The Righteous Republic

The Righteous Republic: The Political Foundations of Modern India

Scholars that have plumbed the traditions of Indian intellectual history appear to be driven by a tendency to rely greatly on western traditions of political thought and concepts, explicating their resonance in India through a process of institutional transplantation. But what of India’s own ideational and moral (Indic) traditions that extend back millennia? Are they important or redundant? Can we, plainly, attribute the endurance of India’s democracy to the capability of the nation’s founding figures to deftly read, interpret and deploy these texts to assist in the founding and governance of the republic? Ananya Vajpeyi argues that we can. Her recent book, The Righteous Republic, is an ode to the significance of Indic traditions of thought dating back to the likes of Buddha, Kabir, Asoka, Kautilya and the Gita; by examining these philological texts, Vajpeyi contends that five seminal founding figures of India – Gandhi, Nehru, Tagores (Rabindranathan and Abanindranath) and Ambedkar, drew from them to define the notion of India’s selfhood (swa in swaraj) or the understandings of what an independent India would be and how it would exist. Portions of these historical tracts were instrumental in determining how these thinkers hoped and wished of India once it became a sovereign entity. To do so, Vajpeyi delineates five different political concepts, tethered to these founding figures and their interpretation of various Indic traditions – Ahimsa or the self’s orientation (Gandhi), Viraha or the self’s longing (Rabindranath), Samvega or self’s shock (Abanindranath), Dharma and Artha or self’s norm and purpose (Nehru) and Duhka or self’s suffering (Ambedkar).

By conducting this inquiry, Vajpeyi seeks to add nuance to the notions of the ‘Idea of India’ popularized around the seminal work of Sunil Khilnani in his seminal study of the Indian political experiment in 1997. What Khilnani and other accounts that tread close to his emphasize is how India’s nationalist leaders sought to embark on an unprecedented political journey through the institution of a nation that was embedded under the shackles of oppressive religious and social traditions. To do so, they drew heavily from western concepts of liberty, democracy and equality, that were hitherto foreign to India’s political terrain, or the story goes. Vajpeyi rejects this notion and argues that there existed a rather robust and deep ‘Indian’ political ethos that extends back centuries, which were utilized at various points of India’s founding to institutionalize political practices and traditions, contributing to the definition of India as a sovereign state with a ‘self.’ Through these leading founding figures, Vajepyi goes on to show that the idea(s) of India, indeed, predated the birth of India, which made them rather useful once autonomy was acquired.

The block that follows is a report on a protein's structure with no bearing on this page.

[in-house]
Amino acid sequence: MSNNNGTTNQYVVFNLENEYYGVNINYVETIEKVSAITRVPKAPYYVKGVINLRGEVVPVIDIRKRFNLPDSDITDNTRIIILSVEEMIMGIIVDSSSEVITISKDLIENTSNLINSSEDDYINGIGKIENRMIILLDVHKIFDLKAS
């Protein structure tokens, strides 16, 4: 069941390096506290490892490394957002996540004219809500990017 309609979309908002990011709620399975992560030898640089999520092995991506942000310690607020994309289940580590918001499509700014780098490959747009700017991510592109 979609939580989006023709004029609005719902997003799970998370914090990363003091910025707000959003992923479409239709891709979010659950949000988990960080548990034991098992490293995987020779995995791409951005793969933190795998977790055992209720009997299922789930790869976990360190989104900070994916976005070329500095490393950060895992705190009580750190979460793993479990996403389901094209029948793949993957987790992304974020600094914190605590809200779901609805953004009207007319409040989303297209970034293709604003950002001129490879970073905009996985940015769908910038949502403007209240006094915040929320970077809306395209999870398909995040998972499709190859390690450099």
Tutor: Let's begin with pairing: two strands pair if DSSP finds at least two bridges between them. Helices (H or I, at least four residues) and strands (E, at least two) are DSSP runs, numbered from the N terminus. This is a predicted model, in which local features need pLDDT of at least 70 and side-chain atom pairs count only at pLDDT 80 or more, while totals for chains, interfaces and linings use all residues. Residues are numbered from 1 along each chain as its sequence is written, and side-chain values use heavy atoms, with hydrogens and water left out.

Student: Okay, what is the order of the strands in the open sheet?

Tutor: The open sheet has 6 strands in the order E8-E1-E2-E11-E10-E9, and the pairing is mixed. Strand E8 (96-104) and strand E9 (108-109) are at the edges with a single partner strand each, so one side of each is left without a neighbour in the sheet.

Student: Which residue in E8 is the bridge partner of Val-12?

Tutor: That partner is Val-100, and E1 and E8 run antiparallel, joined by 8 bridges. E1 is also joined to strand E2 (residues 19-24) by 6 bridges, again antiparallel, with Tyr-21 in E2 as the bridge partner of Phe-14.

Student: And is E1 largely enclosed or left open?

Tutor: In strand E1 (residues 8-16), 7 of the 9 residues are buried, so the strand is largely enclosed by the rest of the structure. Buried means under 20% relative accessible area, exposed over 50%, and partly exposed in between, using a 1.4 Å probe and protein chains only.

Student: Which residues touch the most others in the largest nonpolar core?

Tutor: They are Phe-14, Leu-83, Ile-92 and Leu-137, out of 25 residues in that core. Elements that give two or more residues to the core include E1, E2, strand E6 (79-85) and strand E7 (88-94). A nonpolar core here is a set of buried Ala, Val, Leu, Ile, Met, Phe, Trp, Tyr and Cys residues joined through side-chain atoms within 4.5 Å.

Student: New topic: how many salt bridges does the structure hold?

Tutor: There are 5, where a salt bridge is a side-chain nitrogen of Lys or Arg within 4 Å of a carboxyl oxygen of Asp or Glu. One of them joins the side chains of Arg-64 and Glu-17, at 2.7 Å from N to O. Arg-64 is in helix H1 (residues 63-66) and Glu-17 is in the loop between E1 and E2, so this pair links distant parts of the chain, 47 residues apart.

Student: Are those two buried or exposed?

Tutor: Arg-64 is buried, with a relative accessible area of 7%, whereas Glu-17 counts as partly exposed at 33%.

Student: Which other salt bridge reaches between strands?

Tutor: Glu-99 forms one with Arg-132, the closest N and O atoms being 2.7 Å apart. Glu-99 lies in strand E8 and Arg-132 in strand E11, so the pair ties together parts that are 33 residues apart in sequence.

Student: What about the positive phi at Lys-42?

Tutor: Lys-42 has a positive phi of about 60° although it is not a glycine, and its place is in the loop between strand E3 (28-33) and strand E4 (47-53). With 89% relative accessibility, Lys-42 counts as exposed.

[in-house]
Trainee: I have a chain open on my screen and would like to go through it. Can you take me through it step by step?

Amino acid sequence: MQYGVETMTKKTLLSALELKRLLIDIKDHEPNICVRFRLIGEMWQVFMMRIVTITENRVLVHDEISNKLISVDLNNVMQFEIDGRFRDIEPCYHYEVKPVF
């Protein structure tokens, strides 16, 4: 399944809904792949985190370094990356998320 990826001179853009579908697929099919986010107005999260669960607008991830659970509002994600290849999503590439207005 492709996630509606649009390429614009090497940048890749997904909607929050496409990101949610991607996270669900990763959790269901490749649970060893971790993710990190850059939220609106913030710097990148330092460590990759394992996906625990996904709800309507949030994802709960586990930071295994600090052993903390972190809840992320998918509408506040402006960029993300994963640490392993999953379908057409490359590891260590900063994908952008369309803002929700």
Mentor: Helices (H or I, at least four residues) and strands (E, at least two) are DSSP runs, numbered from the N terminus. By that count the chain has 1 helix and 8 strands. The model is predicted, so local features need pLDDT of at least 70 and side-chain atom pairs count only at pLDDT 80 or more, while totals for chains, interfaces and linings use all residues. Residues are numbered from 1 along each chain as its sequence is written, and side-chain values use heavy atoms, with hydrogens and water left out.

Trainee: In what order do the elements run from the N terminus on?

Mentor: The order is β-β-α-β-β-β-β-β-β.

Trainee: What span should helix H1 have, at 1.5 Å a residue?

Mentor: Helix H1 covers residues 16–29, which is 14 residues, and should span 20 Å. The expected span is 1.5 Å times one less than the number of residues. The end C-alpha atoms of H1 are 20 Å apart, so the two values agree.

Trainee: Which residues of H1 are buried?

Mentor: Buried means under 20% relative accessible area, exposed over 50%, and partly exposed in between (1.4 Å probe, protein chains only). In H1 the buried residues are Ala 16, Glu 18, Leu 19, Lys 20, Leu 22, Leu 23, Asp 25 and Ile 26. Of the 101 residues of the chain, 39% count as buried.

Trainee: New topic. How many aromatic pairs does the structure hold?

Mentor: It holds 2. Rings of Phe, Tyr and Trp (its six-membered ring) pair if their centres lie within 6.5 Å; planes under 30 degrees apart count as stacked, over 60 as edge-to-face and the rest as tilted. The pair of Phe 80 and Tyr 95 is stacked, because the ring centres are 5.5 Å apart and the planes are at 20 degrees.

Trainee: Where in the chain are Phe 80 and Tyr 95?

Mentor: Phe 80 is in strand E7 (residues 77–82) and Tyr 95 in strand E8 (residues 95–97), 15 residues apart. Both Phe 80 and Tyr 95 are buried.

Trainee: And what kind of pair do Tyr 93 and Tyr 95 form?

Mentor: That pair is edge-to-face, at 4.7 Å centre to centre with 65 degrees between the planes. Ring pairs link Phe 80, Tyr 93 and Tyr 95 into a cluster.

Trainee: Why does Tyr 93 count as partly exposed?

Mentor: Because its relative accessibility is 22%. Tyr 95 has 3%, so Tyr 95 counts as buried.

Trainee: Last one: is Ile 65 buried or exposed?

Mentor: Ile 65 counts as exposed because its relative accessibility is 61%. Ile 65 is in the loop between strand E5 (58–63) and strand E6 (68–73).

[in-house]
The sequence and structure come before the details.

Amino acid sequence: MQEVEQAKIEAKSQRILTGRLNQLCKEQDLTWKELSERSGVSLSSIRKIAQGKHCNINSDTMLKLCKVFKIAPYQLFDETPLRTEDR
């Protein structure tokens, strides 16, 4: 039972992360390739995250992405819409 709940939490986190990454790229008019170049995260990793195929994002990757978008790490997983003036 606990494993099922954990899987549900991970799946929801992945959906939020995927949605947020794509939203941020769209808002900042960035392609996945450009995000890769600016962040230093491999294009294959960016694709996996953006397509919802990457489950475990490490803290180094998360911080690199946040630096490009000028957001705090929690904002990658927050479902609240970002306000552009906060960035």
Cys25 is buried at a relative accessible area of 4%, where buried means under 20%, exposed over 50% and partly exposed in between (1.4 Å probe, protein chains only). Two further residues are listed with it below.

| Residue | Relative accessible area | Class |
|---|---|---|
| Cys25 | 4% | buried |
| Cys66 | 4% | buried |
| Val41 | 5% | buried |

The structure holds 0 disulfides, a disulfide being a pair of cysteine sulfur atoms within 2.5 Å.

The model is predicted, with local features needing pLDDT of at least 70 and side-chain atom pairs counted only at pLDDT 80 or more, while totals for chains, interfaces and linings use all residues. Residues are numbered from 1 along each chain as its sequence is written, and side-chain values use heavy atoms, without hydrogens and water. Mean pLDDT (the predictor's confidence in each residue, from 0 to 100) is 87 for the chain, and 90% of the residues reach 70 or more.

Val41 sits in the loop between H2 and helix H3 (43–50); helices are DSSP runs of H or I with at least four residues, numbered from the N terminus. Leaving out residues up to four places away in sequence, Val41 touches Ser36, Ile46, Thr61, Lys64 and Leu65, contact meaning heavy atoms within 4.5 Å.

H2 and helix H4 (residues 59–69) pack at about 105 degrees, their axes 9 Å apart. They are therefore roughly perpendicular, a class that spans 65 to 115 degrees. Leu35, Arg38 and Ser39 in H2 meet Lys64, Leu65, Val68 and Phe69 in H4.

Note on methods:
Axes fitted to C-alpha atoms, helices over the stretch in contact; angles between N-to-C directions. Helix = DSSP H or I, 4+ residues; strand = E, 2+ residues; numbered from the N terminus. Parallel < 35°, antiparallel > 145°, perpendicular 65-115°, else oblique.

As an intellectual exercise, Vajpeyi’s work is noteworthy in underscoring that scholars must not desist from considering and exploring whether (and how) Indic traditions served as key intellectual guides leading to the creation of India and thereafter. One of Vajpeyi’s laments, which is detailed early on, is the notable lack of understanding of Muslim intellectual traditions in pre-Independent India and the intellectual influences of leaders like Jinnah and Maulana Azad as they worked with and against Congress leaders like Nehru and Patel and Gandhi himself. Though admirable, shifting the emphasis towards domestically oriented and homegrown traditions must not arrive at the expense of dispensing with western ideas, which many nationalist leaders not only imbibed but also applied as they sought to create a republic. Or in other words, what is important is to understand how these literary traditions clashed with each other through the politics of the moment, leading to different political choices. Disentangling one from the other does a major disservice since the origins of India and the nationalist movement were far from ‘national’; they were clear international origins to the nationalist surge in India and it is critical to intellectually fuse these different traditions to gauge their importance and eventual influence. On this count, Vajpeyi arguably errs given her approach is grounded on unearthing valid Indic traditions and delineating their influence rather exclusively.


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